Was the duty to make a “fair presentation” under the Insurance Act 2015 waived by the insurer? 

United Kingdom


In Young v Royal and Sun Alliance plc [2019] CSOH 32 the Scottish court found that an insurer had not waived its right to disclosure of information under the Insurance Act 2015. The decision is, to the best of our knowledge, the first case to be decided under the Act, which introduced the new duty of fair presentation for commercial insurance.

Duty of fair presentation

The duty applies to commercial insurance contracts and requires the insured to:

  • Make disclosure of every material circumstance which the insured knows or ought to know;
  • Failing that, make disclosure of sufficient information to put a prudent insurer on notice that it needs to make further enquiries;
  • Make such disclosure in a reasonably clear and accessible manner; and
  • Ensure that every material representation of fact is substantially correct and every material representation of expectation or belief is made in good faith

Factual background

Mr Young raised a £7.2 million claim for extensive fire damage to commercial premises. The co-insureds were Mr Young and a company of which he was a director, Kaim Park Investments Ltd (“Kaim”). The insurer refused the claim on grounds that the insured had failed to disclose material information, thus breaching its duty under the 2015 Act.

The policy under which the claim was brought had been arranged by a firm of insurance brokers. The proposal took the form of a “market presentation” prepared using the brokers’ software, rather than the insurer’s own proposal form.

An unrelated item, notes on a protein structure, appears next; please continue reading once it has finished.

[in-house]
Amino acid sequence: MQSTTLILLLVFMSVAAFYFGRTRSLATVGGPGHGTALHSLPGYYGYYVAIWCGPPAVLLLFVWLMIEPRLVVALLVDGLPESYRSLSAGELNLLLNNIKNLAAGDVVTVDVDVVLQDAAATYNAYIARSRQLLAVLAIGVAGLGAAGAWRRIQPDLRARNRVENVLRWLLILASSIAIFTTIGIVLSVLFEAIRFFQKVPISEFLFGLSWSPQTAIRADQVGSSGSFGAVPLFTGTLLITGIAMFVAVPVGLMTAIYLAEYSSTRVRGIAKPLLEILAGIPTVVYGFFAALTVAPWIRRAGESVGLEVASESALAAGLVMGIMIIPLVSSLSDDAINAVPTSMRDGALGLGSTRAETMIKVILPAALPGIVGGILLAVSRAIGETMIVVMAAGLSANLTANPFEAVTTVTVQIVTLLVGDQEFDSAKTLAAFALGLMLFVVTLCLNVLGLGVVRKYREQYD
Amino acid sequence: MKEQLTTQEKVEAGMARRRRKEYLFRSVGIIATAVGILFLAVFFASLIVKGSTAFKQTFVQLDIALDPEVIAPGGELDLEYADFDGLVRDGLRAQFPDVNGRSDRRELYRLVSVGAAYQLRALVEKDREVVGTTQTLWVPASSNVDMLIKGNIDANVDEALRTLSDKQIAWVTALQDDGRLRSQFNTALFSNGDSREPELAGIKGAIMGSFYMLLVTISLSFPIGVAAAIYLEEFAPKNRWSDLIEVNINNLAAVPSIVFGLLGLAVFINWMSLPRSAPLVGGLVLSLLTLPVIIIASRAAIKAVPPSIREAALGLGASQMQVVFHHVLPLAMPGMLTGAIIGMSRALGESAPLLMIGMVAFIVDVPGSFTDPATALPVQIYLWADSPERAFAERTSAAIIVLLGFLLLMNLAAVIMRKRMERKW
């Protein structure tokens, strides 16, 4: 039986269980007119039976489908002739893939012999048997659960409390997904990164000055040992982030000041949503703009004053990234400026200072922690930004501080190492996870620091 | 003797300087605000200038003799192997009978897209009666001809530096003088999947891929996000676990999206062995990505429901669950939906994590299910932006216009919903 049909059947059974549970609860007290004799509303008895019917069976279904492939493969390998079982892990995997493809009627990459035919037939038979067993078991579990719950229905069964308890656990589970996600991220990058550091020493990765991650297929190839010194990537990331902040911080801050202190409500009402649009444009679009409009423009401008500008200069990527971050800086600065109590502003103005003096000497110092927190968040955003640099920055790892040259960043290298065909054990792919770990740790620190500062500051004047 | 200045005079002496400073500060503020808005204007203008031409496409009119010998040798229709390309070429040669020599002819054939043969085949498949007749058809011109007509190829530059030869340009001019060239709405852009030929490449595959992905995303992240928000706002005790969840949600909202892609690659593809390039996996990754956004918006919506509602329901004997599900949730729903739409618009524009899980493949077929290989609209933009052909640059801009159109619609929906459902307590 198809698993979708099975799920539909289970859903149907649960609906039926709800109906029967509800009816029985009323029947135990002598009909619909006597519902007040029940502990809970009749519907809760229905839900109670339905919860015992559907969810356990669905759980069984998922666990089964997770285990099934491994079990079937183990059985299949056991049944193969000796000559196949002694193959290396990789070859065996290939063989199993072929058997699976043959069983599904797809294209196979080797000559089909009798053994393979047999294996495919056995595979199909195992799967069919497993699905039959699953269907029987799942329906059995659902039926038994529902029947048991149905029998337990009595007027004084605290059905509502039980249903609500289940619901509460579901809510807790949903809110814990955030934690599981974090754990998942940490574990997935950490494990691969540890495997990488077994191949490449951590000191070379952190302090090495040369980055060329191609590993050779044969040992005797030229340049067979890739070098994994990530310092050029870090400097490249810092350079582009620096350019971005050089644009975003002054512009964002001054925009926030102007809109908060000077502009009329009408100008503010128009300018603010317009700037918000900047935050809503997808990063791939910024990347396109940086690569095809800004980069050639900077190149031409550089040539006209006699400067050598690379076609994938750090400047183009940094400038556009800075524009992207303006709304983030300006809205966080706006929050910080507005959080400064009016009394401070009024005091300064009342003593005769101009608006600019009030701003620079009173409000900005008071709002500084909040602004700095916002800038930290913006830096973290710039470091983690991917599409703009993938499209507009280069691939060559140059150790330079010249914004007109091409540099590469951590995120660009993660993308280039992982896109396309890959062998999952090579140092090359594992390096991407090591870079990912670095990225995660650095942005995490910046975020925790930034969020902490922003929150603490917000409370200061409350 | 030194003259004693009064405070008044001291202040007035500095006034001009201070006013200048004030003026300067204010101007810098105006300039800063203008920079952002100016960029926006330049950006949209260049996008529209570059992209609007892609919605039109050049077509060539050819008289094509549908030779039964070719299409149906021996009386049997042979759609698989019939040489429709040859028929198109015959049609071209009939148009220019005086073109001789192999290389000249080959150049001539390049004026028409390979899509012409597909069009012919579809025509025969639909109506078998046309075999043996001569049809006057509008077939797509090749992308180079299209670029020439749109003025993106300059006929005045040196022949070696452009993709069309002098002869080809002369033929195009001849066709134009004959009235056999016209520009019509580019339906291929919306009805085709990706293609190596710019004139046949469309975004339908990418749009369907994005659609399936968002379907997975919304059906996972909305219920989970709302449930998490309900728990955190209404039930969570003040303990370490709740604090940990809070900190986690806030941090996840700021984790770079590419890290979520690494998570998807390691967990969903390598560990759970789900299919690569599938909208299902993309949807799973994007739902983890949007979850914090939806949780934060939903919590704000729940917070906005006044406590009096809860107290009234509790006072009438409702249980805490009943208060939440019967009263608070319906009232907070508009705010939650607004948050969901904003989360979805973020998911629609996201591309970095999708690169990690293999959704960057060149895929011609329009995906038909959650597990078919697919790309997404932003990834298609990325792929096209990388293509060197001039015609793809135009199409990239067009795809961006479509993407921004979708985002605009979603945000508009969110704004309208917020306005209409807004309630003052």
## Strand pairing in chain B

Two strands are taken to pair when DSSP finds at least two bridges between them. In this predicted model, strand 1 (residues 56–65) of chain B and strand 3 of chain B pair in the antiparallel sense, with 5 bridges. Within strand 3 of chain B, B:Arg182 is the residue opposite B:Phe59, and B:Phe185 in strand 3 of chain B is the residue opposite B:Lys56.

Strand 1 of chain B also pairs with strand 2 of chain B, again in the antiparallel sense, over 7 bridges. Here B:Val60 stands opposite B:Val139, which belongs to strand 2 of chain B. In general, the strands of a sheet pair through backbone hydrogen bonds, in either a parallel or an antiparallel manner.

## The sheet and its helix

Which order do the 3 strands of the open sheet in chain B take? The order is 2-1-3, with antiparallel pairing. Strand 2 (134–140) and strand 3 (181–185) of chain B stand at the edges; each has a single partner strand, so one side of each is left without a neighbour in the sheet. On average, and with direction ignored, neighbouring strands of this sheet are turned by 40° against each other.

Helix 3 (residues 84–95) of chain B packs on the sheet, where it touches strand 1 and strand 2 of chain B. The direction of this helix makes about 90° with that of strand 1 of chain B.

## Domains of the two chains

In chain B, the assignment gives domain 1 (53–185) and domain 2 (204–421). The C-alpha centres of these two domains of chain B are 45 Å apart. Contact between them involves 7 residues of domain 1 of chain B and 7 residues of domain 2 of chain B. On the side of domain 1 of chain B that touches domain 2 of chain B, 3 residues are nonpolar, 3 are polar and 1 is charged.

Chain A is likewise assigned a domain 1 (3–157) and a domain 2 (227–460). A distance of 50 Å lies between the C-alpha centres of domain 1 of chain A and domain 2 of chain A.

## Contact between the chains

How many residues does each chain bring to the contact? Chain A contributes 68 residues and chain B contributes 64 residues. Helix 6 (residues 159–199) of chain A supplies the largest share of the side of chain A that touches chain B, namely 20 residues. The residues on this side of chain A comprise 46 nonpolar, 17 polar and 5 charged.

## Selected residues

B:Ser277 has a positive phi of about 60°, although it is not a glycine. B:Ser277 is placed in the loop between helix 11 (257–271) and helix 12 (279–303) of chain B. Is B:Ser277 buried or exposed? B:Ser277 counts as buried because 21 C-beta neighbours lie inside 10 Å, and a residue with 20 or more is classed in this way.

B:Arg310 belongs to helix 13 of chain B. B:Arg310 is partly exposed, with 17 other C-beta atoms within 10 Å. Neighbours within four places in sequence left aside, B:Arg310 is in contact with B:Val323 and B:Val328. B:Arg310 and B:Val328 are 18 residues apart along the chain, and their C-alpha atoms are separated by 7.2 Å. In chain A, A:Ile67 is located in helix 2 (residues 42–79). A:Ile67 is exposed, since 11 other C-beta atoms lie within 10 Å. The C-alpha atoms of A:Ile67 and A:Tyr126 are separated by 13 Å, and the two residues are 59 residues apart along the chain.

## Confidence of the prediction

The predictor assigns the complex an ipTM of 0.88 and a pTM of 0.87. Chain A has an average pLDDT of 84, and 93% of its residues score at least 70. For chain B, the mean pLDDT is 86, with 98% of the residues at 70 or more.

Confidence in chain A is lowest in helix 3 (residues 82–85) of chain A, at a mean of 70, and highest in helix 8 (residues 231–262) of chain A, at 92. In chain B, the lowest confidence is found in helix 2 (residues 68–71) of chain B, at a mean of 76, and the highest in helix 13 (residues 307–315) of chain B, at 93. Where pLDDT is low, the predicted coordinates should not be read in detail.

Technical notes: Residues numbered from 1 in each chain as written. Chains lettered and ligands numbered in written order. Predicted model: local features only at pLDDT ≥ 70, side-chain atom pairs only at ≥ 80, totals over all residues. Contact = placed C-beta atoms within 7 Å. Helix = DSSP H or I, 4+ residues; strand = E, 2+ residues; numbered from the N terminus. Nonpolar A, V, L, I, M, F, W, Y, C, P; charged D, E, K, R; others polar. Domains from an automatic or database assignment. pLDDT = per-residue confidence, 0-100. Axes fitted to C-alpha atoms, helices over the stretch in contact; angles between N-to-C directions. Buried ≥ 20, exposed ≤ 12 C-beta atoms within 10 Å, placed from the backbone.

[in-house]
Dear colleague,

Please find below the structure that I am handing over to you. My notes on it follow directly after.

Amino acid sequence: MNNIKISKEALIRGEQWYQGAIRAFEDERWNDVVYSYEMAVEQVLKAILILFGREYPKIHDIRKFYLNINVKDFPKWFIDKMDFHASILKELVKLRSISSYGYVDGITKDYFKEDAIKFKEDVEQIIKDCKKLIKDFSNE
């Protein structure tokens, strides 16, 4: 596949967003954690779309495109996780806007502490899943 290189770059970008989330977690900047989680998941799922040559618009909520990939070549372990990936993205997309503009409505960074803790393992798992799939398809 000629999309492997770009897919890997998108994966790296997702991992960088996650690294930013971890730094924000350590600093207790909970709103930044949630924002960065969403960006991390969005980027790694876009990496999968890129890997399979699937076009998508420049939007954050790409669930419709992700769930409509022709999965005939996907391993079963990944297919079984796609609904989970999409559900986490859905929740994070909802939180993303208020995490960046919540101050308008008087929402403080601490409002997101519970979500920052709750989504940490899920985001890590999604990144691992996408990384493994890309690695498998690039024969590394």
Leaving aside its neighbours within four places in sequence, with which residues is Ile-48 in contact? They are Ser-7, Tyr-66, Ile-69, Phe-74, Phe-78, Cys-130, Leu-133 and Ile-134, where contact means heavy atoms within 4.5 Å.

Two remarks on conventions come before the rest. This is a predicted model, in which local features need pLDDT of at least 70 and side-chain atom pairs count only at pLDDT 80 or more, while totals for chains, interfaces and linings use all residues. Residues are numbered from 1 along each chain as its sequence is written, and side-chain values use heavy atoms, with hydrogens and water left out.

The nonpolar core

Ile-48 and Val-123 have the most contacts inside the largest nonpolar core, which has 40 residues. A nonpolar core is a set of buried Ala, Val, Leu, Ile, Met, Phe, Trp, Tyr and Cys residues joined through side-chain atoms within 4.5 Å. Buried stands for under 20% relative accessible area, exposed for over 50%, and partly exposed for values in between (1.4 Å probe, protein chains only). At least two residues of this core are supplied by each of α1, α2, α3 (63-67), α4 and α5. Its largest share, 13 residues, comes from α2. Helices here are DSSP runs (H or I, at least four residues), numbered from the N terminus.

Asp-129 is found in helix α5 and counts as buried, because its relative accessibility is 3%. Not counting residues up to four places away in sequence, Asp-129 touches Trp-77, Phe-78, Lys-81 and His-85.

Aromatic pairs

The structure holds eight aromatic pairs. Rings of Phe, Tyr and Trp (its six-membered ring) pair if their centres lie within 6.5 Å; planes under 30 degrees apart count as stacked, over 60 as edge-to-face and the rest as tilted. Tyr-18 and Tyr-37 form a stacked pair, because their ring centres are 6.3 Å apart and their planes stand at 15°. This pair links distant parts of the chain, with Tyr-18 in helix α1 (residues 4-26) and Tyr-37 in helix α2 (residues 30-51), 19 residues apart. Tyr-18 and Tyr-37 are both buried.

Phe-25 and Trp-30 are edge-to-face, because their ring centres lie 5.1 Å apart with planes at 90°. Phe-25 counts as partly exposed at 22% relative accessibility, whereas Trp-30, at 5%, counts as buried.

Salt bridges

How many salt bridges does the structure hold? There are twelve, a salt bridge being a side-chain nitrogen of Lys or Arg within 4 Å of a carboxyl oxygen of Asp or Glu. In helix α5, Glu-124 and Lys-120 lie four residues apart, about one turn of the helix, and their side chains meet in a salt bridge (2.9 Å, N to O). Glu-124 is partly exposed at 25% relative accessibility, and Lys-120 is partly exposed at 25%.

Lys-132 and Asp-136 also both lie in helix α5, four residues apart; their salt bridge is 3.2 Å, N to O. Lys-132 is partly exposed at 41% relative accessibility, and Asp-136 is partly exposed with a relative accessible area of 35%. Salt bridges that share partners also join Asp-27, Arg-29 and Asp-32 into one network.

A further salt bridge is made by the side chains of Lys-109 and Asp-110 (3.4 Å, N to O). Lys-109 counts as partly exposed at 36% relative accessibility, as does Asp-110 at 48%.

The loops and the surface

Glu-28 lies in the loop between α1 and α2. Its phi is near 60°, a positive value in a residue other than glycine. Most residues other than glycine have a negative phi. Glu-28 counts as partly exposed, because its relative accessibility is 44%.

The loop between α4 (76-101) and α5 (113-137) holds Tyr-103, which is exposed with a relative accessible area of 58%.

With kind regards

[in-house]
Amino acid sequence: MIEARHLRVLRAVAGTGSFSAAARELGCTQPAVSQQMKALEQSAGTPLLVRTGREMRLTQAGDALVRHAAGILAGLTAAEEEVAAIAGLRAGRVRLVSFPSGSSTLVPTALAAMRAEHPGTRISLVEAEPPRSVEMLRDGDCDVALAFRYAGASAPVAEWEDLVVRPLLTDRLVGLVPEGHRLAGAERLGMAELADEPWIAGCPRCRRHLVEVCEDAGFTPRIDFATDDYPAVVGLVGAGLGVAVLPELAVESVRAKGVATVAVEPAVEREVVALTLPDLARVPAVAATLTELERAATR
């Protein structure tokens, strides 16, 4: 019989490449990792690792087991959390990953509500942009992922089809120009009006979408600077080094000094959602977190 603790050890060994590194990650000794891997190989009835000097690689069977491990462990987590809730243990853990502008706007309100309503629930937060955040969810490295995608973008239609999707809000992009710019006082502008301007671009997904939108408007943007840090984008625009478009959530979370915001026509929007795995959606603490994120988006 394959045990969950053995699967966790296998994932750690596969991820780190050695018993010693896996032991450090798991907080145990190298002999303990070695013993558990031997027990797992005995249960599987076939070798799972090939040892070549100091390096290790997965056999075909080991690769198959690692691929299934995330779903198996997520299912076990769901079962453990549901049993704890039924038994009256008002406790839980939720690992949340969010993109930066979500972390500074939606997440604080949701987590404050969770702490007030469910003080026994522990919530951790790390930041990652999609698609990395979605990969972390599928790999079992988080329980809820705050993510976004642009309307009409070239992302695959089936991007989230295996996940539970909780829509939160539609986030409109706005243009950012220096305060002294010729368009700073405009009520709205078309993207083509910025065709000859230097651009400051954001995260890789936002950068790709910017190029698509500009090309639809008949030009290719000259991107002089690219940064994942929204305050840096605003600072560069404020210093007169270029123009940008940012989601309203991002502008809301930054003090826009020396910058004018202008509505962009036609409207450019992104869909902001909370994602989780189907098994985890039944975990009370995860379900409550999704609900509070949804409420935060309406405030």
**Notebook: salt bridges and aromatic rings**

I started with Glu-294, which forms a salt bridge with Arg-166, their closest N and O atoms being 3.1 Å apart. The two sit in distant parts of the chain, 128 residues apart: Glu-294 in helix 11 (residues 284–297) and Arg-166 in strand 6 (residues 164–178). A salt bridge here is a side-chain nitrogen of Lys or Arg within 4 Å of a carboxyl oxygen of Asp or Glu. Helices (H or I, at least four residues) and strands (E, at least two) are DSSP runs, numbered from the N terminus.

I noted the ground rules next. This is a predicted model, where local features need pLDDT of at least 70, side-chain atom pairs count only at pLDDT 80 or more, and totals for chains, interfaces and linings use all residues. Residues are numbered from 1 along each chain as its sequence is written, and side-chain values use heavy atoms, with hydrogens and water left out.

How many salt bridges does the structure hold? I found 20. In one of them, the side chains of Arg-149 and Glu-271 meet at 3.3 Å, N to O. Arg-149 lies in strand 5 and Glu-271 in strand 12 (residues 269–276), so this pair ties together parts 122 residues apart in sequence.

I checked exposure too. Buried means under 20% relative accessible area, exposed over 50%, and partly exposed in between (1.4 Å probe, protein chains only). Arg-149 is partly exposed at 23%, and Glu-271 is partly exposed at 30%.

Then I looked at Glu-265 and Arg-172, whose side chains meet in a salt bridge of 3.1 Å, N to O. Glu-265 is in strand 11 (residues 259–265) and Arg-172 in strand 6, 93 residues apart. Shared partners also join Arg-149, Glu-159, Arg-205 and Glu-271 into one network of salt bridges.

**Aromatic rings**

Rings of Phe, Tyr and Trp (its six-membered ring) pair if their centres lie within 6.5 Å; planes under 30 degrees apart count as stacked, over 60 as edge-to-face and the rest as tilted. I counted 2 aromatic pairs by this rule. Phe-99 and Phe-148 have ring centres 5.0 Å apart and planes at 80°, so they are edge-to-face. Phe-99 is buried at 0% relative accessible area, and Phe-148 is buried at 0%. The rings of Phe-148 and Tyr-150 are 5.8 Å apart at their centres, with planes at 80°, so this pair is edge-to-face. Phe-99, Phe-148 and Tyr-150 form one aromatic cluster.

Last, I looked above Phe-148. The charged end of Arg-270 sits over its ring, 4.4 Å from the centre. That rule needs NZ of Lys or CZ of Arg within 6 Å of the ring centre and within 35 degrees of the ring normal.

Part of the market presentation contained what the judge referred to as the “Moral Hazard” declaration. This part of the presentation required the proposer to select from various options in a drop-down menu. The instruction read: “Select any of the following that apply to any proposer, director or partner of the Trade or Business or its Subsidiary Companies if they have ever, either personally or in any business capacity: …” The drop-down menu of options that followed this instruction included an option that any of the persons identified had been declared bankrupt or insolvent.

Whilst neither Mr Young nor Kaim had been declared bankrupt or insolvent, Mr Young had previously been a director of four other companies which had entered insolvency. Despite this, the option which was selected was “None”. It would not have been immediately apparent to the insurer what the other options available to the proposer were. The presentation sent to the insurer only showed the option selected (“None”) and the list of persons to which the declaration related.

The insurer sent an email to the brokers in response to the presentation. This provided a quote for cover and a list of conditions. The conditions included: “Insured has never been declared bankrupt or insolvent.

The insured argued that since “the Insured” was Mr Young and Kaim, this email response amounted to a waiver by the insurer of its right to receive the undisclosed information regarding the four insolvent companies.


Proceeding on the basis that the 2015 Act has not altered the prior law on waiver, the court rejected the insured’s argument. It noted that, under the pre-2015 Act case law, waiver typically arose in one of two ways:

  • Where the insured had submitted information that would prompt a reasonably careful insurer to make further enquiries but the insurer had failed to do so; and